Blaming, Tilly cautions, draws clear boundaries between a worthy us and an unworthy them, and that can be dangerous. When a group is faulted for a violent act, it’s all too easy to single out its most vulnerable members for retaliation, inciting further violence. Credit, by contrast, “does not necessarily establish a sharp line between ins and outs,” Tilly writes. The bestowal of honors, prizes and promotions can prompt resentment and disputation. But for the most part, crediting is a less contentious business: after all, it “associates giver and receiver in the same moral milieu, while blame separates two moral settings from each other.” We pat some people on the back, thank others heartily for even minor acts of politeness and grease the wheels of social life as best we can.
Looking for Anne of Green Gables: The Story of L M Montgomery and Her Literary Classic, by Irene Gammel. Kate Bolick's favorable review makes a good case for reading this accessible study in literary history. (Who knew that the almost too-pretty Evelyn Nesbit was Montgomery's inspiration for the plain Anne?)
It comes as a surprise to learn that the tale of brave, original Anne was intended not as a children’s story but as a serial for one of these highly sentimental mass-market publications aimed at young women. But the medium was well suited to Montgomery’s belief that, as Gammel puts it, “literature should engage with the real world by transforming negative realities.” By channeling her own fraught ambivalence — a longing “to restore her lost family” versus a fierce desire for independence — into a valentine to a rural idyll, Montgomery both mirrored and soothed the anxieties of her readers, the legions of unmarried, professionally minded women moving to urban areas at the turn of the century. Montgomery herself couldn’t have it both ways, but Anne could: displaced, she’d found a family, yet her orphan status and homely looks ensured she would always be essentially independent (well, at least for the first book).
The Terminal Spy: A True Story of Espionage, Betrayal, and Murder, by Alan S Cowell. Simon Sebag Montefiore gives this book a generally favorable review, faulting the author's proclivity for purple prose but hailing the book for making clear "that Litvinenko’s murder is worth studying, both as a symbol and a symptom of Russia today.
It is difficult to tell whether these books are actually as indifferent or pointless as the reviews suggest.
Ancient Highway, by Brad Lott. Lisa Fugard's review indulges in murky storytelling without conveying a sense of the novel that Mr Lott has written.
When Lott’s novel Jewel was selected for Oprah’s Book Club, he explained his literary strategy: “You write because you hope someone’s heart is going to be moved by that story.” I’m guessing he tried to achieve that with the reconciliation that takes place at the end of Ancient Highway. An exhausting scene at a flea market and the ensuing family reunion might have that effect on some readers. But others might think back to an earlier passage, in which a cavalier Earl tells his daughter why his eyes are dry after they’ve gone to see Bambi: “They want you to cry.”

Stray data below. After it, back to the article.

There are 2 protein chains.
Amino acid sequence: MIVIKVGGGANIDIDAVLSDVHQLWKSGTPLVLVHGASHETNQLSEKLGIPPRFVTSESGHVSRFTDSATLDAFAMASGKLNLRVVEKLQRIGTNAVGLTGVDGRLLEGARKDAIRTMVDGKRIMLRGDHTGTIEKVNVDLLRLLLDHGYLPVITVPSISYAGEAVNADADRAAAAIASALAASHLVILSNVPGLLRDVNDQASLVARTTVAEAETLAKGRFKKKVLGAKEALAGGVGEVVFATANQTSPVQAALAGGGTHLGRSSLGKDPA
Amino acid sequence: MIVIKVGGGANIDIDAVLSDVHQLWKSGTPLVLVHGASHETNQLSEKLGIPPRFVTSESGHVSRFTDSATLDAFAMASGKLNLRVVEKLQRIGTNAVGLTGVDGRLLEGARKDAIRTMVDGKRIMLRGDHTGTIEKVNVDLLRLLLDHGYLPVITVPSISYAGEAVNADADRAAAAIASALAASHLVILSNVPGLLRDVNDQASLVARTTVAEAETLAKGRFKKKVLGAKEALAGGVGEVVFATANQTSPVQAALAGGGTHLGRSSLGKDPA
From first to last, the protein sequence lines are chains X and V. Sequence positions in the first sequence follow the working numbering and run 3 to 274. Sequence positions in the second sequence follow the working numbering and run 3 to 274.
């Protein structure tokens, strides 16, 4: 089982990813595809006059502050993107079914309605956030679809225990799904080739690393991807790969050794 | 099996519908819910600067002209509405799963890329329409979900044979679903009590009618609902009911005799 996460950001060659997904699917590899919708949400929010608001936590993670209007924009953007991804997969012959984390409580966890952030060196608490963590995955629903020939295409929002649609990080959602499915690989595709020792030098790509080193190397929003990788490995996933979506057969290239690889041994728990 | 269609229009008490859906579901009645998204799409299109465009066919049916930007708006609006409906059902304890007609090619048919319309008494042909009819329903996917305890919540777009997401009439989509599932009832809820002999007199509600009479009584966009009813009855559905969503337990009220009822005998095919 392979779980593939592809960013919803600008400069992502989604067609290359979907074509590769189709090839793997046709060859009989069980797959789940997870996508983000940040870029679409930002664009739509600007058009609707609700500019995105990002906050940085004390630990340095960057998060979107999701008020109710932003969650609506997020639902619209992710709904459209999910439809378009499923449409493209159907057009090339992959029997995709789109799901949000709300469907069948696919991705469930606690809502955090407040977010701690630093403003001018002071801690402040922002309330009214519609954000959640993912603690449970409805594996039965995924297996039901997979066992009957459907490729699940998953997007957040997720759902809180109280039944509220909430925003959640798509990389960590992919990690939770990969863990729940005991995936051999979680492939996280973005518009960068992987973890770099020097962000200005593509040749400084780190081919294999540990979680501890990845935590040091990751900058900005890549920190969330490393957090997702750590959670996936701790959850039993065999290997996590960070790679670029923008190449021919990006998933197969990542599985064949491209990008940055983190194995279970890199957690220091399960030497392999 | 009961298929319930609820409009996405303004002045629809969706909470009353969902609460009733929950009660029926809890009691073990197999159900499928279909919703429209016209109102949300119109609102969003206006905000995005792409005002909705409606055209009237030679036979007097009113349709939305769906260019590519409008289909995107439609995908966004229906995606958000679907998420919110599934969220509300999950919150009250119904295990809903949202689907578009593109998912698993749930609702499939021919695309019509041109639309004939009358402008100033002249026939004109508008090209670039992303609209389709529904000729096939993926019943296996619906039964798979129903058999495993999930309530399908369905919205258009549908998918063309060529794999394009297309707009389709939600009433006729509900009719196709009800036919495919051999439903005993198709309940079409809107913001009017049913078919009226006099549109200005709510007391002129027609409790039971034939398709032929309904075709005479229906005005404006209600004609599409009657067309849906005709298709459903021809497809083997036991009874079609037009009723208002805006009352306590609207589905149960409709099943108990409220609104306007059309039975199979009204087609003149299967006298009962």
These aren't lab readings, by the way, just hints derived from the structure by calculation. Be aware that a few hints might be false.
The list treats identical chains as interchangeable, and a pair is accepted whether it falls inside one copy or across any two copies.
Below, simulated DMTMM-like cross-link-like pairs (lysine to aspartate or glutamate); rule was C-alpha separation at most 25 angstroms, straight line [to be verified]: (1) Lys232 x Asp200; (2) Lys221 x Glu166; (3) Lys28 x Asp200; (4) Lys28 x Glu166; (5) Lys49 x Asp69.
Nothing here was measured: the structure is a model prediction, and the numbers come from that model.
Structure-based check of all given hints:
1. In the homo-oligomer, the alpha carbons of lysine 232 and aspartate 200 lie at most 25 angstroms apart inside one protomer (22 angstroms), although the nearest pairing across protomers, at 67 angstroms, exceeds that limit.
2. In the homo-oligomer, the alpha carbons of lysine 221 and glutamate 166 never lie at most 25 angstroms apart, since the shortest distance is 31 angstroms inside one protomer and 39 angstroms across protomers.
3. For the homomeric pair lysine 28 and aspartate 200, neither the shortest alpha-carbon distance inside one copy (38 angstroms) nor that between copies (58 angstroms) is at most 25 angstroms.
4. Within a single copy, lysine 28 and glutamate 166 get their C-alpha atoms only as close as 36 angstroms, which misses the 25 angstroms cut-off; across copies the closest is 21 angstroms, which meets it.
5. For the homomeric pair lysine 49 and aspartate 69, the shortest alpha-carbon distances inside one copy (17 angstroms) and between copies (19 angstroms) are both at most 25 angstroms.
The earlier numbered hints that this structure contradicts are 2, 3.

These books, if they deserve coverage at all, ought to grace other sections of The New York Times.
The Gargoyle, by Andrew Davidson. Sophie Gee's disappointed review suggests that this is the sort of book that feeds on the easy pretension that "lite" books claim when they're written up in the Book Review.
There’s no doubt that readers want a tale of unbearable suffering and ultimate redemption, and a whole lot of people in the publishing industry (not least the author himself) hope that Davidson’s novel is going to fit the bill. The Gargoyle ought not be mistaken for a depiction of unbearable suffering or ultimate redemption, however; it is simply an entertaining novel straining to feel like something more substantial.
Since we can't spank them, books that borrow the plumage of classics (Inferno, among others) ought to be ignored.
Strange and Stranger: The World of Steve Ditko, by Blake Bell. At the most, this book about the Objectivist cartoonist belongs in a roundup review of books about graphic fiction.
As vivid as his work is, it’s never been pretty, and he’s never returned to his most famous creations for a victory lap or courted attention beyond acknowledgment of his work. The raw, nightmarish visions of his art are all he offers, and all he’s ever needed to offer.
The Wrecking Crew: How Conservatives Rule, by Thomas Frank. Although my sympathies are with Mr Frank, his arguments, which as Michael Lind's review points out, are both mildly dated and extensively cherry-pioked, belong in magazines. A book on this urgent topic ought to be more rigorous, if less rousing, than Frank's tract.
Warrior Girls: Protecting Our Daughters Against the Injury Epidemic in Women's Sports, by Michael Sokolov. Polly Morrice's generally favorable review does not explain what this book is doing in the pages of the Book Review.
The Lizard King: The True Crimes and Passions of the World's Greatest Reptile Smugglers, by Bryan Christy. Terri Jentz's review suggests that this sell-by material belongs on a Web site, not in a book.